The Rise of Neuroessentialism

In the Oxford Handbook of Neuroethics, J Illes & B Sahakian (Eds), 2011

16 Pages Posted: 4 Mar 2018

See all articles by Peter Bart Reiner

Peter Bart Reiner

Department of Psychiatry, University of British Columbia

Date Written: april 22, 2011


Neuroessentialism is the position that, for all intents and purposes, we are our brains (Roskies, 2002). It is not so much that we are not also our genes, our bodies, members of social groups, and so on, but rather that when we conceive of ourselves, when we think of who we are as beings interacting in the world, the we that we think of primarily resides in our brains. The goals of this chapter are to review the scientific advances and cultural trends that have resulted in the rise of neuroessentialism, to provide a portrait of the varieties of neuroessentialist thought that draws on our current understanding of brain function, and then to use these insights to see how neuroessentialist thinking might alter the mores of society. I will argue that there are domains of modern life in which neuroessentialist thinking supports the development of policies that can be viewed as progressive and prosocial, supporting the objective of aligning innovations in the neurosciences with societal and individual values. At the same time, I shall highlight instances in which neuroessentialist thinking may have nuanced but important unintended consequences, and that proponents of this worldview should thoroughly consider the ramifications of neuroessentialist thought becoming a cultural meme.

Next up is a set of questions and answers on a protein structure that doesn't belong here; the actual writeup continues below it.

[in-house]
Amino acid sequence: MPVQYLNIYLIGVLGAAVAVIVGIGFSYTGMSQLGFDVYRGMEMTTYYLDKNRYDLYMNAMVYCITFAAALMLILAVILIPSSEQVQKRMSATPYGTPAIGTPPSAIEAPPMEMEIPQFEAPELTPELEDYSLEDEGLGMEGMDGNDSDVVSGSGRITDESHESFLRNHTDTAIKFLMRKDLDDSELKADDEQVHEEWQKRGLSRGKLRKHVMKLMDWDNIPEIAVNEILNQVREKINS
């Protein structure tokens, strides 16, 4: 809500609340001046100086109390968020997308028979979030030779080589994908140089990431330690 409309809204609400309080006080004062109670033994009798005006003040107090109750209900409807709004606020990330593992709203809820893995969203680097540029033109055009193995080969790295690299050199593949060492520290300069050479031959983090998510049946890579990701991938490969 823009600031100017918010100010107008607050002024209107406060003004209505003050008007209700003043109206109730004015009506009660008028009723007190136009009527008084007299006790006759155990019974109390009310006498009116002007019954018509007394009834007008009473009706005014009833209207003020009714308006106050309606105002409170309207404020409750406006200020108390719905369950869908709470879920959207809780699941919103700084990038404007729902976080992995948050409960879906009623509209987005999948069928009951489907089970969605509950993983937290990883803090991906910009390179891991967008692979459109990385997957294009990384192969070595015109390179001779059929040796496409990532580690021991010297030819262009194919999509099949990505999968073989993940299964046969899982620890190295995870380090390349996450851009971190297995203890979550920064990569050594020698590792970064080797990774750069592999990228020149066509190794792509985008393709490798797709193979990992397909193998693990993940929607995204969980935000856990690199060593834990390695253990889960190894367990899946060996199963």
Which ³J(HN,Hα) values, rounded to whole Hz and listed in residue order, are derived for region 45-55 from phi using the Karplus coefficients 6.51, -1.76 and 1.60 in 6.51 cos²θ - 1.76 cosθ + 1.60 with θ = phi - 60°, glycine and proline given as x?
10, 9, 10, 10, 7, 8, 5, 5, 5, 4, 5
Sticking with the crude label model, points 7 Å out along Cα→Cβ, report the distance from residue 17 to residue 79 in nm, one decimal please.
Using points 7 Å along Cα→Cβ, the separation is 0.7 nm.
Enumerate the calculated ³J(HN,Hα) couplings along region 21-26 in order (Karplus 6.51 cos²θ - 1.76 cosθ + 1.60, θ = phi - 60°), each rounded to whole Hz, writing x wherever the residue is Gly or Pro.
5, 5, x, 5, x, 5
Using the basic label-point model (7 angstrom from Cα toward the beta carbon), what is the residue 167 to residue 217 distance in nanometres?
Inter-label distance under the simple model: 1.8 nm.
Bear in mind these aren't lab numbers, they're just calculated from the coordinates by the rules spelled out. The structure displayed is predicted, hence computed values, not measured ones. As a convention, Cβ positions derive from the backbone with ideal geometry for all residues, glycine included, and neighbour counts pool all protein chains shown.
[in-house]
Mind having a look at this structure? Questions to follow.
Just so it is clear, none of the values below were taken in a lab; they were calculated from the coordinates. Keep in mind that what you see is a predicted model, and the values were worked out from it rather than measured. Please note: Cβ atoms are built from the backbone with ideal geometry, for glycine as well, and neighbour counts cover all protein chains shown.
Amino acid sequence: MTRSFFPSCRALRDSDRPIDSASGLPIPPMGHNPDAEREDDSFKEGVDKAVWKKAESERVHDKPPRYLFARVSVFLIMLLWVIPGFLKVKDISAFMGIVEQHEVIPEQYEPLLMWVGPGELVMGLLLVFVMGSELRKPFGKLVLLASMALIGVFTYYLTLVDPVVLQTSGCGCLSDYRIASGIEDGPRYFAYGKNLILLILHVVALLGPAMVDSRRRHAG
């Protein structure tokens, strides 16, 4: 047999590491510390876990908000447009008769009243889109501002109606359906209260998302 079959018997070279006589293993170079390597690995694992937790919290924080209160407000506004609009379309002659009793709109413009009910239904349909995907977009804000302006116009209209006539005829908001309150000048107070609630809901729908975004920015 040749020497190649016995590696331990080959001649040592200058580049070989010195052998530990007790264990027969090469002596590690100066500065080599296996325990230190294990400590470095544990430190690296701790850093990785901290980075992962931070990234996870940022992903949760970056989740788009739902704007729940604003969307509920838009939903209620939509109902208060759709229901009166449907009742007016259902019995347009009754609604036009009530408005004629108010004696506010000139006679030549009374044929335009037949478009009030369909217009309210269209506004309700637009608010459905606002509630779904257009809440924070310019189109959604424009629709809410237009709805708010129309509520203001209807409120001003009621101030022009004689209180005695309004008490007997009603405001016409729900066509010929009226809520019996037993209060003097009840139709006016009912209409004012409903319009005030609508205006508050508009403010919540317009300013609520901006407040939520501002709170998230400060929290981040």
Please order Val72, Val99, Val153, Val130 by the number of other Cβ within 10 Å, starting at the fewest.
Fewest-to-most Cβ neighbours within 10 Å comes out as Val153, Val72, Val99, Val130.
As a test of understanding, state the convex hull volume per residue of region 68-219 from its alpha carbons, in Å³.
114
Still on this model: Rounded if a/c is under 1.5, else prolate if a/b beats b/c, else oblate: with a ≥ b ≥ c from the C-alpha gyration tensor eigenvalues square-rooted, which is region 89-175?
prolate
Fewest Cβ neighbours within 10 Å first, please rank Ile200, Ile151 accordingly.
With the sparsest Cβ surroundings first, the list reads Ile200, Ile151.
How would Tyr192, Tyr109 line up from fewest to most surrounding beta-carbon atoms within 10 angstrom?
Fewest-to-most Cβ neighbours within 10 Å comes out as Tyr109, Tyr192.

Suggested Citation

Reiner, Peter Bart, The Rise of Neuroessentialism (april 22, 2011). In the Oxford Handbook of Neuroethics, J Illes & B Sahakian (Eds), 2011, Available at SSRN:

Peter Bart Reiner (Contact Author)

Department of Psychiatry, University of British Columbia ( email )

2255 Wesbrook Mall
Vancouver, British Columbia BC V6T 2A1
250.537.6560 (Phone)


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